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Case:
BGH NJW 1991, 562 VII Civil Senate (VII ZR 120/89)
Date:
11 October 1990
Copyright:
Professor B.S. Markesinis

Facts

In 1979/80, the plaintiff and his wife had a new building built on a piece of land belonging to them. The first defendant was responsible for carrying out the structural work on the building. The supervision of the building work on site was entrusted to the second defendant, an architect. Since no proper damp insulation was fitted, the basement of the building became very damp. The plaintiff had rented this and other parts of the building to a company (F Ltd), which he ran. F Ltd had stored machines in the damp rooms, and these rusted as a result of the damp. The plaintiff claimed compensation from the defendant for the loss which he suffered as a result of the defective building work. He calculated his loss to be DM 139,697.84. In so far as the plaintiff sought to claim in respect of damage, which had accrued to F Ltd, his claim rested upon a deed of assignment dated January 18, 1982 the text of which covered only the claims against the first defendant.

The Landgericht held the defendants liable for the defects and held them to be jointly and severally liable in the amount of DM 19,298.93. The plaintiff appealed claiming a further DM 91,793.22 in damages. The Oberlandesgericht accepted the appeal in part, holding the defendants liable for a further DM 31,381.03. The second defendant appealed to the Bundesgerichtshof, and the appeal was accepted to the extent that he had been held liable for damages in the amount of DM 31,022.50 in respect of the damage to the machines. His appeal against the finding of liability failed.

Reasons

I. The OLG is of the view that the defendant is liable to the plaintiff, and that he must pay 50 per cent of the compensation in respect of the damage caused to the machines.

1. The external insulation of the walls of the basement in contact with the ground was said to be defective. As the architect responsible for on-site supervision of the work, the defendant breached his duty to supervise adequately the performance of the damp-proofing work which experience had taught was particularly delicate and significant in terms of the loss which would be caused by defective work. He was, therefore, jointly responsible for the defective damp-proofing. The defendant’s appeal concedes this point.

2. The OLG further held on the basis of expert reports and witness statements that the defects in the damp-proofing, taken in conjunction with certain other defects, had caused the damp in the basement and that it was to this that the rust on the machines was attributable. [Procedural point omitted].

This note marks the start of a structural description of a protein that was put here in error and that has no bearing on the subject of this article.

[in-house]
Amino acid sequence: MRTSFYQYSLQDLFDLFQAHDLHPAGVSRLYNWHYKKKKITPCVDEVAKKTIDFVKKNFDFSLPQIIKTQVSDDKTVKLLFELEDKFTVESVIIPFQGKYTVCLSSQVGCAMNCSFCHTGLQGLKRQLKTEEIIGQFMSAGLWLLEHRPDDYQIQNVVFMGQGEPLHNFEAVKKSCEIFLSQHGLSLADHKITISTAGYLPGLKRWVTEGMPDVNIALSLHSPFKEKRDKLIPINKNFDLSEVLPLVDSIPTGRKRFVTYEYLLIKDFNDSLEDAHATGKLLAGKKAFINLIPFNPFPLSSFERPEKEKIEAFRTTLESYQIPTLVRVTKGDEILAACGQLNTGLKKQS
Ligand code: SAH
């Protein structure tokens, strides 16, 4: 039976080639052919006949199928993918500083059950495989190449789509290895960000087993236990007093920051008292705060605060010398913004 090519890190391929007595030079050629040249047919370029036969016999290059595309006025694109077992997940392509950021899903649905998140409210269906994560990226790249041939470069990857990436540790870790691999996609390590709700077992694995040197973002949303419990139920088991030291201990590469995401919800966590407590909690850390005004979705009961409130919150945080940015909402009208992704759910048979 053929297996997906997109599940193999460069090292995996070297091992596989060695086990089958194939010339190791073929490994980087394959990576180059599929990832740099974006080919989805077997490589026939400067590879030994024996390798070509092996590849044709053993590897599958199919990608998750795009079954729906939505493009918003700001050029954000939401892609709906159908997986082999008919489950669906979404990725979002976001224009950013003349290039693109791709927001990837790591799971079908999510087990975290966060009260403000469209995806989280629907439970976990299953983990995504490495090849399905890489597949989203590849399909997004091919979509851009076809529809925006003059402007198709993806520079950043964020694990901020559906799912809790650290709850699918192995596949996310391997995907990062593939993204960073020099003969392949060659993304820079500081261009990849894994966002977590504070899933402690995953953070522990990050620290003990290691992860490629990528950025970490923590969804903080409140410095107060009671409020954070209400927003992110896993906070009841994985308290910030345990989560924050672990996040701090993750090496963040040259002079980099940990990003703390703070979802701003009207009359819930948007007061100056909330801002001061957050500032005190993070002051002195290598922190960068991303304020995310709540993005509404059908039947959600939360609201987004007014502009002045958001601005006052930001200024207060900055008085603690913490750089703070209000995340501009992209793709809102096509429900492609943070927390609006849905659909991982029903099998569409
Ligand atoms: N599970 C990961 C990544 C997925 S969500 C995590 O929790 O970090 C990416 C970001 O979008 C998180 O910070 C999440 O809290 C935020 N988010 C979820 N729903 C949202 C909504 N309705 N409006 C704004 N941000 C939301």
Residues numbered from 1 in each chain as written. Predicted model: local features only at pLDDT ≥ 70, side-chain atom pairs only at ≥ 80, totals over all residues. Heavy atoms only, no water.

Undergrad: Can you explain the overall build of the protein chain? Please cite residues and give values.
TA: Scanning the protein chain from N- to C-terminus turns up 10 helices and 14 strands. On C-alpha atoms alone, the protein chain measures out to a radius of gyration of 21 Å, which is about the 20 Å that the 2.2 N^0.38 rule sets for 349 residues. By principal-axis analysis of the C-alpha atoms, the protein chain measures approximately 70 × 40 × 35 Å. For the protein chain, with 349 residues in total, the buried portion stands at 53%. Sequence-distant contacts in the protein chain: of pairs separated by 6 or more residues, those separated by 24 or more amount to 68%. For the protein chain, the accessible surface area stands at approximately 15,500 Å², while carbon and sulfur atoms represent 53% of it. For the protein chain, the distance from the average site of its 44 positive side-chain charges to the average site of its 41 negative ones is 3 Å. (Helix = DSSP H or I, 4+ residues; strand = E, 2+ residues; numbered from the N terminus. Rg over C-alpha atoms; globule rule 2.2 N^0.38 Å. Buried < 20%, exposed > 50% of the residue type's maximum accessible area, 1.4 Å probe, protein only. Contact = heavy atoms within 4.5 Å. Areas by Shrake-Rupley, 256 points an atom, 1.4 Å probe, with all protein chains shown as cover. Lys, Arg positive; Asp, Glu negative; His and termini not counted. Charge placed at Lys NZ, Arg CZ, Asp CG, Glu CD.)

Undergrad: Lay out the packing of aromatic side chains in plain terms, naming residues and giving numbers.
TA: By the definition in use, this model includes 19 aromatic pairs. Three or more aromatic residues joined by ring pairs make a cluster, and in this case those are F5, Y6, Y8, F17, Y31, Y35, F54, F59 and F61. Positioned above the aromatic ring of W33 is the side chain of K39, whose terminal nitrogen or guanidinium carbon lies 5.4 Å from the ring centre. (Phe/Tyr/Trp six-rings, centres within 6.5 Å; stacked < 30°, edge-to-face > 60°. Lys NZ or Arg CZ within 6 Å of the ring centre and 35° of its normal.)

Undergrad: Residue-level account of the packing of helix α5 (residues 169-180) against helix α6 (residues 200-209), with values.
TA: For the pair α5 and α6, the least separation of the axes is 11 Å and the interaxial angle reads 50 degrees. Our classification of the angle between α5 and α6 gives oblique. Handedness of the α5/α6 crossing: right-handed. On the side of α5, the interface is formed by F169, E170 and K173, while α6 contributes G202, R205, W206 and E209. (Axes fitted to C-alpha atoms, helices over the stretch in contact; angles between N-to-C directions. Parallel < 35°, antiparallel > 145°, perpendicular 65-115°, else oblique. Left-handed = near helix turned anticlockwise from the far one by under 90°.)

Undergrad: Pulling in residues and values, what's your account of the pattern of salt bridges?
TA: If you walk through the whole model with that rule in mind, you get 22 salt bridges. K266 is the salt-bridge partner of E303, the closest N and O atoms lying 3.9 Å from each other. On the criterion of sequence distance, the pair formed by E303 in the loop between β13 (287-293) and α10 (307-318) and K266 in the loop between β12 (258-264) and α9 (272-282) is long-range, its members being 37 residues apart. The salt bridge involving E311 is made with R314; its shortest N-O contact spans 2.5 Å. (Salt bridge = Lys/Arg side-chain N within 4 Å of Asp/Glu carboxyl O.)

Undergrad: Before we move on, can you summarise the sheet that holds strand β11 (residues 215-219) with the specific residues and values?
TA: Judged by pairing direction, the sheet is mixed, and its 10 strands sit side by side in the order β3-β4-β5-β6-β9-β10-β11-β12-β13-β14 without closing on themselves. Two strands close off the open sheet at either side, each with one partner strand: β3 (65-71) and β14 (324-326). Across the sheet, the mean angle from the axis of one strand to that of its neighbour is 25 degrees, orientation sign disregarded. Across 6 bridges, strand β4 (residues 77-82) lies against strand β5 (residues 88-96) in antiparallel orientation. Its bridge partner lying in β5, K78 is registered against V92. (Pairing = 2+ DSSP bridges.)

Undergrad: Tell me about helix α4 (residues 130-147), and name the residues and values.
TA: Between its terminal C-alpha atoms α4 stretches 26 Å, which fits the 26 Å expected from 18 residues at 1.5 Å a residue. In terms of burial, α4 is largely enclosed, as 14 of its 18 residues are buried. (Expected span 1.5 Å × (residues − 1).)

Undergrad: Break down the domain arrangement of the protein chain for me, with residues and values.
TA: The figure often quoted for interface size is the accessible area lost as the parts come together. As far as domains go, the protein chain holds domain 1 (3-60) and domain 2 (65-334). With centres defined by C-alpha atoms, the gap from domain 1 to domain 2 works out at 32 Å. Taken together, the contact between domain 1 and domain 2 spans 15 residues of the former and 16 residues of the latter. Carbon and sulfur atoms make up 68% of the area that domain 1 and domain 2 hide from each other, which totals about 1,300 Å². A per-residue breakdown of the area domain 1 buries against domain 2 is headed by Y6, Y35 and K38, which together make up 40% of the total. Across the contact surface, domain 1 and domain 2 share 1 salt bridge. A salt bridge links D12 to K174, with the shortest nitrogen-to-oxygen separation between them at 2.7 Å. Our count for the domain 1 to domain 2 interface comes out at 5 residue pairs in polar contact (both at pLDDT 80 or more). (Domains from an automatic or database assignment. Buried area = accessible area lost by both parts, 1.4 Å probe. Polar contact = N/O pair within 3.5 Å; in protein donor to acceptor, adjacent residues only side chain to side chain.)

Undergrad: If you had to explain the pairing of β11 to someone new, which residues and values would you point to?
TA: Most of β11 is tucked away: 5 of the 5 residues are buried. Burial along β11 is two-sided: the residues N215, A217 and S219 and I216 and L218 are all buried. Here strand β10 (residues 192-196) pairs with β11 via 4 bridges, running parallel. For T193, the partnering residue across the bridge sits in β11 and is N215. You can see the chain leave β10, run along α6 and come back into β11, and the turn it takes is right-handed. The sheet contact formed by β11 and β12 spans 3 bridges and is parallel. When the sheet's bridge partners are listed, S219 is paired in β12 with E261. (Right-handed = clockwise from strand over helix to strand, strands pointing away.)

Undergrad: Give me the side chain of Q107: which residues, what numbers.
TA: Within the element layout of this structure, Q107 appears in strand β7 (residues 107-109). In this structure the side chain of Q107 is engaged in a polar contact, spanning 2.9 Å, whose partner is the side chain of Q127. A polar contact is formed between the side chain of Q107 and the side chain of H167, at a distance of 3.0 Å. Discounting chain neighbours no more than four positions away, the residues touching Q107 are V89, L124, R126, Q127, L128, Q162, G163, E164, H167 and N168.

II. The OLG also stated that the plaintiff could claim compensation from the defendant in respect of the damage caused to his property, either through the principles of Drittschadensliquidation, or on the basis of the claims duly assigned to him by F Ltd on the basis of a contract with protective effects for third parties or on tortious grounds. The plaintiff has, it is said, become the owner of the claim against the defendant as a consequence of the assignment; this was the appropriate interpretation of the deed of assignment. The final point was that assignment did not contravene the prohibition on contracting with oneself.

1. The Court leaves open the question of whether the damage to the machines may be claimed from the defendant according to the principles of Drittschadensliquidation. It may also remain open whether F Ltd may derive claims as a third party on the basis of the protective effects of the construction contract concluded between the parties.

2. It is clear in any case that the plaintiff has a tortious claim. The defendant has breached the duty of care which he owed to F Ltd in that he did not ensure, when performing the role of supervising the building work which was entrusted to him, that the first defendant installed the damp insulation in the basement free from defects.

(a) According to the case law of the BGH, an architect may be liable in tort on the basis of a breach of his supervisory obligation for the loss thereby caused. Thus, for example, the architect responsible for the building work was held liable in tort for the loss caused by the collapse of a roof or ceiling [references omitted]; the same applies to the damage caused to a person using a staircase which proved to be unsafe [references omitted]. The tortious responsibility of the architect was also accepted for loss caused by damp to the property of third parties resulting from inadequate damp-proofing or a defective roof [references omitted]. This tortious responsibility of the architect is derived from the fact that during the construction process he not only owes duties on the basis of the contract with the builder, but he also owes duties of care in tort to third parties who are expected to come into contact with the building. For, in the normal course of events, such persons may rely on the architect carrying out in the proper way those tasks which will secure their protection against loss in the future [reference omitted]. That, also, applies to the tenant of a building. The fact that such a person may be, in certain circumstances, less worthy of protection than other third parties who only occasionally come into contact with the building, is no obstacle to a finding that the architect is liable. Of course, in normal circumstances the tenant will have a claim for compensation against the landlord where loss is inflicted by events such as those at issue. That factor makes no difference, however, to the architect’s duty of care. Even for the builder himself, claims in tort are not in principle excluded by the fact that there are parallel claims in contract [references omitted]. Nor, however, is the tenant prevented from pursuing claims in tort against the architect, even though he may have a contractual claim against the landlord. The contractual liability of the landlord is not intended to exclude tortious claims against other persons who inflict loss on the tenant.